Water. desalination + reuse

water d+r March 2017

Water. Desalination + reuse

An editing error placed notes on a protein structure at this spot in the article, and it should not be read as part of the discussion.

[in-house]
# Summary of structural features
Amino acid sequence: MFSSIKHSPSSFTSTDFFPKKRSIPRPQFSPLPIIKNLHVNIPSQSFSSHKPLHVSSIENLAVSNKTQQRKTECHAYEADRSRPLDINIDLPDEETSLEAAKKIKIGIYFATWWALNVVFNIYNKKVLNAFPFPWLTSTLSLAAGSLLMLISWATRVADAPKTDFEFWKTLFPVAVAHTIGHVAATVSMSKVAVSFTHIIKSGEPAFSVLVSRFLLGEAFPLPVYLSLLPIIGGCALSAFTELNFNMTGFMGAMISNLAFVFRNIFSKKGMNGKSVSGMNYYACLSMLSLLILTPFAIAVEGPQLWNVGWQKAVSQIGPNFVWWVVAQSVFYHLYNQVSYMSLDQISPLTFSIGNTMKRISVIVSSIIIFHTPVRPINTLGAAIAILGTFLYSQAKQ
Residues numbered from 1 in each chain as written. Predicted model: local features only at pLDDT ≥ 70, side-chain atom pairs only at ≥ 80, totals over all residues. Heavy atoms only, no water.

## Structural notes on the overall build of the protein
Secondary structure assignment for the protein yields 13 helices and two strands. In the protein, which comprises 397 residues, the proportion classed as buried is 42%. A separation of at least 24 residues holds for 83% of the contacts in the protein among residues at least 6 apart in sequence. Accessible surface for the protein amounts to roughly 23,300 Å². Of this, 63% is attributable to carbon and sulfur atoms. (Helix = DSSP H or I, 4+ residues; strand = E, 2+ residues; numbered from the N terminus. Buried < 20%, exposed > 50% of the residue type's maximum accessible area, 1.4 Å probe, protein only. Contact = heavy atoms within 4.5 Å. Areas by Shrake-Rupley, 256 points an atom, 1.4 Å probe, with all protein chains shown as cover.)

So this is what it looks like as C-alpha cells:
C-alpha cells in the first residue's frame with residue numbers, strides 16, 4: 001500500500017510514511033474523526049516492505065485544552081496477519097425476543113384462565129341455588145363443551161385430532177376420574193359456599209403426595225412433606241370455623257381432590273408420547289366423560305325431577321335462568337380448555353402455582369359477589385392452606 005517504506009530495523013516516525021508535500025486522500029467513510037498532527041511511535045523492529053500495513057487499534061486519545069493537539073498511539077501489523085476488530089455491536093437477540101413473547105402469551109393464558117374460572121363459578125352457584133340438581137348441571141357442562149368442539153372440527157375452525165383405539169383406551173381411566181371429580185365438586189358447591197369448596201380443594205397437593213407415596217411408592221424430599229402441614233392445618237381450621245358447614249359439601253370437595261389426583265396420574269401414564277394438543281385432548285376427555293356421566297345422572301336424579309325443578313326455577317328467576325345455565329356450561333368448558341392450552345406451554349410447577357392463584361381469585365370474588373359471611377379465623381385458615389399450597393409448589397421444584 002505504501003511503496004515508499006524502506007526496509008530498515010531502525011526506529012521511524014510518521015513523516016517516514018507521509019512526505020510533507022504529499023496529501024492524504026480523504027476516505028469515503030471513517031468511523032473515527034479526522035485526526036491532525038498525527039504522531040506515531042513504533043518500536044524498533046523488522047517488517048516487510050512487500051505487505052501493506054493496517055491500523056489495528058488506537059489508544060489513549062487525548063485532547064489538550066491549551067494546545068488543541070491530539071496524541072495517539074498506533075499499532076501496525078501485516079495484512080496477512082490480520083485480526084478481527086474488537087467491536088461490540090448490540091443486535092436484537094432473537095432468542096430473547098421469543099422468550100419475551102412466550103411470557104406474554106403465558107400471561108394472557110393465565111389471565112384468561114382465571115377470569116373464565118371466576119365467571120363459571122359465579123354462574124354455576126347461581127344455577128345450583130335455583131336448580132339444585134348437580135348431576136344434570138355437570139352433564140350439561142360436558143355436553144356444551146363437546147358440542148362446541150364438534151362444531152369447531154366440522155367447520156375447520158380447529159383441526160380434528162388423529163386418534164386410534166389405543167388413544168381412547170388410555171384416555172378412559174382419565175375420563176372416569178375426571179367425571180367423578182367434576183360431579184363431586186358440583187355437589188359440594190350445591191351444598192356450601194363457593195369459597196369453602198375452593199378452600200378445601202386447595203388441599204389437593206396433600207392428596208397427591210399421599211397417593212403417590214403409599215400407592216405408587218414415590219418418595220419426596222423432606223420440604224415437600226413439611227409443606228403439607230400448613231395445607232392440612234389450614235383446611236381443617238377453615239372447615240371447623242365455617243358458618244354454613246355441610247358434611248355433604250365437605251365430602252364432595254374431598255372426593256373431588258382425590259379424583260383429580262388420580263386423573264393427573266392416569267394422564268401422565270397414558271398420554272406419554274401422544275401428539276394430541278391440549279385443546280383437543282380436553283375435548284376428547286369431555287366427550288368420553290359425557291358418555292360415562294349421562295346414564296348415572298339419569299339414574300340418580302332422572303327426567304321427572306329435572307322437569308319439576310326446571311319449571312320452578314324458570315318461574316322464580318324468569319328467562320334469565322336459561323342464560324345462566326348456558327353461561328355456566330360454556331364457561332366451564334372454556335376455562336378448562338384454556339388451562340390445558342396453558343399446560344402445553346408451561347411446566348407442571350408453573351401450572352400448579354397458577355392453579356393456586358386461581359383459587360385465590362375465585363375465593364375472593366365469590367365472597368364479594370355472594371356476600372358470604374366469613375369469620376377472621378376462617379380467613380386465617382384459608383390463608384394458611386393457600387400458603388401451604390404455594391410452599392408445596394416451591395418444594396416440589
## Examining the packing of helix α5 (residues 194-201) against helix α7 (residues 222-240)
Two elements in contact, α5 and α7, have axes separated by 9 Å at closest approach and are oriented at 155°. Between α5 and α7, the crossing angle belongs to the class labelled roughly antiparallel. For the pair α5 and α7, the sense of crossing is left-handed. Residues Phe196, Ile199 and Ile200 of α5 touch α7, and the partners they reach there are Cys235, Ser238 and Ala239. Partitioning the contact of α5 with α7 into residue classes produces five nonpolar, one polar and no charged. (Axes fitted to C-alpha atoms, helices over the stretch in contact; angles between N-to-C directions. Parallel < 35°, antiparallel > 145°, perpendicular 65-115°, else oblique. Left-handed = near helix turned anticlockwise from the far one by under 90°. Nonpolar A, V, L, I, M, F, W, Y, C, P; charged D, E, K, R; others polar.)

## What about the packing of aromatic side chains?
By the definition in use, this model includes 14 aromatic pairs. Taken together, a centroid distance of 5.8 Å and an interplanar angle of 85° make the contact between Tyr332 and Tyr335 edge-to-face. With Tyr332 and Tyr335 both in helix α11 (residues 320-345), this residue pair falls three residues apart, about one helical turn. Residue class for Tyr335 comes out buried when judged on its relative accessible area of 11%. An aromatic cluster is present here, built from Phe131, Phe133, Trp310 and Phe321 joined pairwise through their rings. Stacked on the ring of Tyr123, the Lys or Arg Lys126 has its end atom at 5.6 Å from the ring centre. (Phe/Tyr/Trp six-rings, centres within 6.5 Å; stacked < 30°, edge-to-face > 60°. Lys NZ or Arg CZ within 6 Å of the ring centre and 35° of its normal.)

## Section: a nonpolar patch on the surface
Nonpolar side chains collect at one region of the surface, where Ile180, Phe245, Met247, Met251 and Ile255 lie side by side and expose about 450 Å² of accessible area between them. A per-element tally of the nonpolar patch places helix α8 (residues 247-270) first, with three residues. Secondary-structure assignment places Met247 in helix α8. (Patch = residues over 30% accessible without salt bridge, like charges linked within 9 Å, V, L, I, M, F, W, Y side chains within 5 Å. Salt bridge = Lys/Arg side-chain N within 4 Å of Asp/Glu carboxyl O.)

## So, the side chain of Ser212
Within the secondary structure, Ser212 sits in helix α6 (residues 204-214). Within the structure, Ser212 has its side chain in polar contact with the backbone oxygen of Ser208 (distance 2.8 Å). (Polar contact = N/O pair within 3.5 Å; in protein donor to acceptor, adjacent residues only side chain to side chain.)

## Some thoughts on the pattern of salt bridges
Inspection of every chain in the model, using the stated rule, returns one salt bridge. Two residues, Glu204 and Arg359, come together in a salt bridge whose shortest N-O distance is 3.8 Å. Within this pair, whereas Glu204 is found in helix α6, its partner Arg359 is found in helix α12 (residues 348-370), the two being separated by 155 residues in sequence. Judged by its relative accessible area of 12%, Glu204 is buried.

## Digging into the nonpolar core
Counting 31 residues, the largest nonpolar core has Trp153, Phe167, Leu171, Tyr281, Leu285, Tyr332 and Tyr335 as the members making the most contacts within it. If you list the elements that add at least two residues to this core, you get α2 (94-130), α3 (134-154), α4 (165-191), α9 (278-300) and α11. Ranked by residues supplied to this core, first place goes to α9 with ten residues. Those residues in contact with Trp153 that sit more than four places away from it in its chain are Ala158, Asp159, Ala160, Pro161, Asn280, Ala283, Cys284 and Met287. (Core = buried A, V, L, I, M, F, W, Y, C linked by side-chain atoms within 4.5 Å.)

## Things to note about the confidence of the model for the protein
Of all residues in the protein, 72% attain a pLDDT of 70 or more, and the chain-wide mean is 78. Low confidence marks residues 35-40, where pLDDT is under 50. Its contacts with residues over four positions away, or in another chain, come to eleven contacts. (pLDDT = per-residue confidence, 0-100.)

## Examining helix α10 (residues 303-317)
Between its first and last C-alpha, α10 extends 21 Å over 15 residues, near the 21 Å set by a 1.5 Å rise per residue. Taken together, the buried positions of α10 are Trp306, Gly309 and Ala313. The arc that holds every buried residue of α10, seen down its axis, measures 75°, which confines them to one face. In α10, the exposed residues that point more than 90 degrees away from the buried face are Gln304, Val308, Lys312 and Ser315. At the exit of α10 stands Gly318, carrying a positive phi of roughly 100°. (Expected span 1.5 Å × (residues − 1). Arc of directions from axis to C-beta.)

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Poseidon is bullish about its future prospects as a water plant developer because the success of Carlsbad desalination plant in San Diego County, California, has provided it with an impressive calling card to municipal water agencies across the US and beyond C a r l o s r i v a C h i e f e x e C u t i v e o f f i C e r P o s e i d o n Wat e r D esalination plant developer Poseidon Water received an apparent boost in January, when its proposed Huntington Beach, Orange County, desalination plant turned up on a list of infrastructure projects favoured by the new US president Donald Trump. Presidential backing for the project that California regulators are putting through its paces before deciding whether to grant permission to build, appeared to signal that it may, in some way, receive a boost through the permissions process. Carlos Riva, chief executive of the developer that has won plaudits for another southern California desal project, the Carlsbad desalination plant in San Diego County, is playing down the significance of the president's endorsement. "That is still evolving, and is not yet a policy. Things are moving around," he says. "I am not 100 per cent sure what the meaning of it is and where it stands." Even given what is shaping up to be a tumultuous time ahead for the US Federal environmental regulator, the Environmental Protection Agency (EPA), under the administration of Trump appointee and climate change sceptic Scott Pruitt, Riva does not expect a change in approach by California state regulators to Huntington Beach. "States such as California that have been very rigorous, I don't see that changing. They are people who are passionate about protecting their environment," he says. "Permitting for seawater desal is going to be challenging and rigorous, and there aren't going to be any shortcuts. Anyone who wants to get involved in this business is going to have to roll up their sleeves and do all the hard work of very in-depth studies, and prove that their impacts on the environment generally, and in the marine environment especially, are going to be de minimis." The idea he takes confidence from is that Carlsbad desalination plant has set a positive precedent for projects of this type in California, and potentially beyond. "It is the largest and most technologically advanced, energy efficient and environmentally friendly seawater desalination project in the western hemisphere. We are very, very proud of that. It has concluded its first year of operation and has had a very successful operating year," Riva says. Particularly, he points to the number of community and water industry visitors who have taken time to look around the site and to engage with its story. "We have had literally thousands of visitors, from students to local residents, other parties from around the state and folks from around the country who are interested in possibly developing other seawater desal." And although Riva says that neither Carlsbad nor Huntington Beach was conceived as a direct response to drought — instead, he positions them as providing reliable and local sources of water as opposed to imported sources that are potentially subject to interruption — the public perception of Carlsbad has benefited from it reliably providing water against a backdrop of ongoing drought in southern California during 2016. "California has been through a multi-year drought of very significant scale. The last couple of months there has been lot of precipitation, there is snow in the Sierra Mountains, and there has been rain; and that has relieved the drought situation," says Riva. "But these projects, Carlsbad and Huntington Beach, were begun well before this most recent drought. The fact that we've had a couple of wet months doesn't really change anything." He sees Carlsbad as a "very important symbol" of what public-private partnerships in the water sector can achieve. "A lot of people from water districts in other states that are interested in doing either desal or public- private partnerships for assets in their area, have come to tour the plant and to speak with our partner San Diego Water Authority, to learn about the experience. They're asking, 'Why were they comfortable with allowing a private entity to do this?', and 'How they were able to interact and to make sure that the project was built to their standards and specifications?' The same holds true for environmental concerns. "Here you have a facility that's operating that people can Carlos Riva has steered Poseidon for six years, having previously led Verenium, an industrial biotechnology company Water. desalination + reuse March 2017 Interview 9

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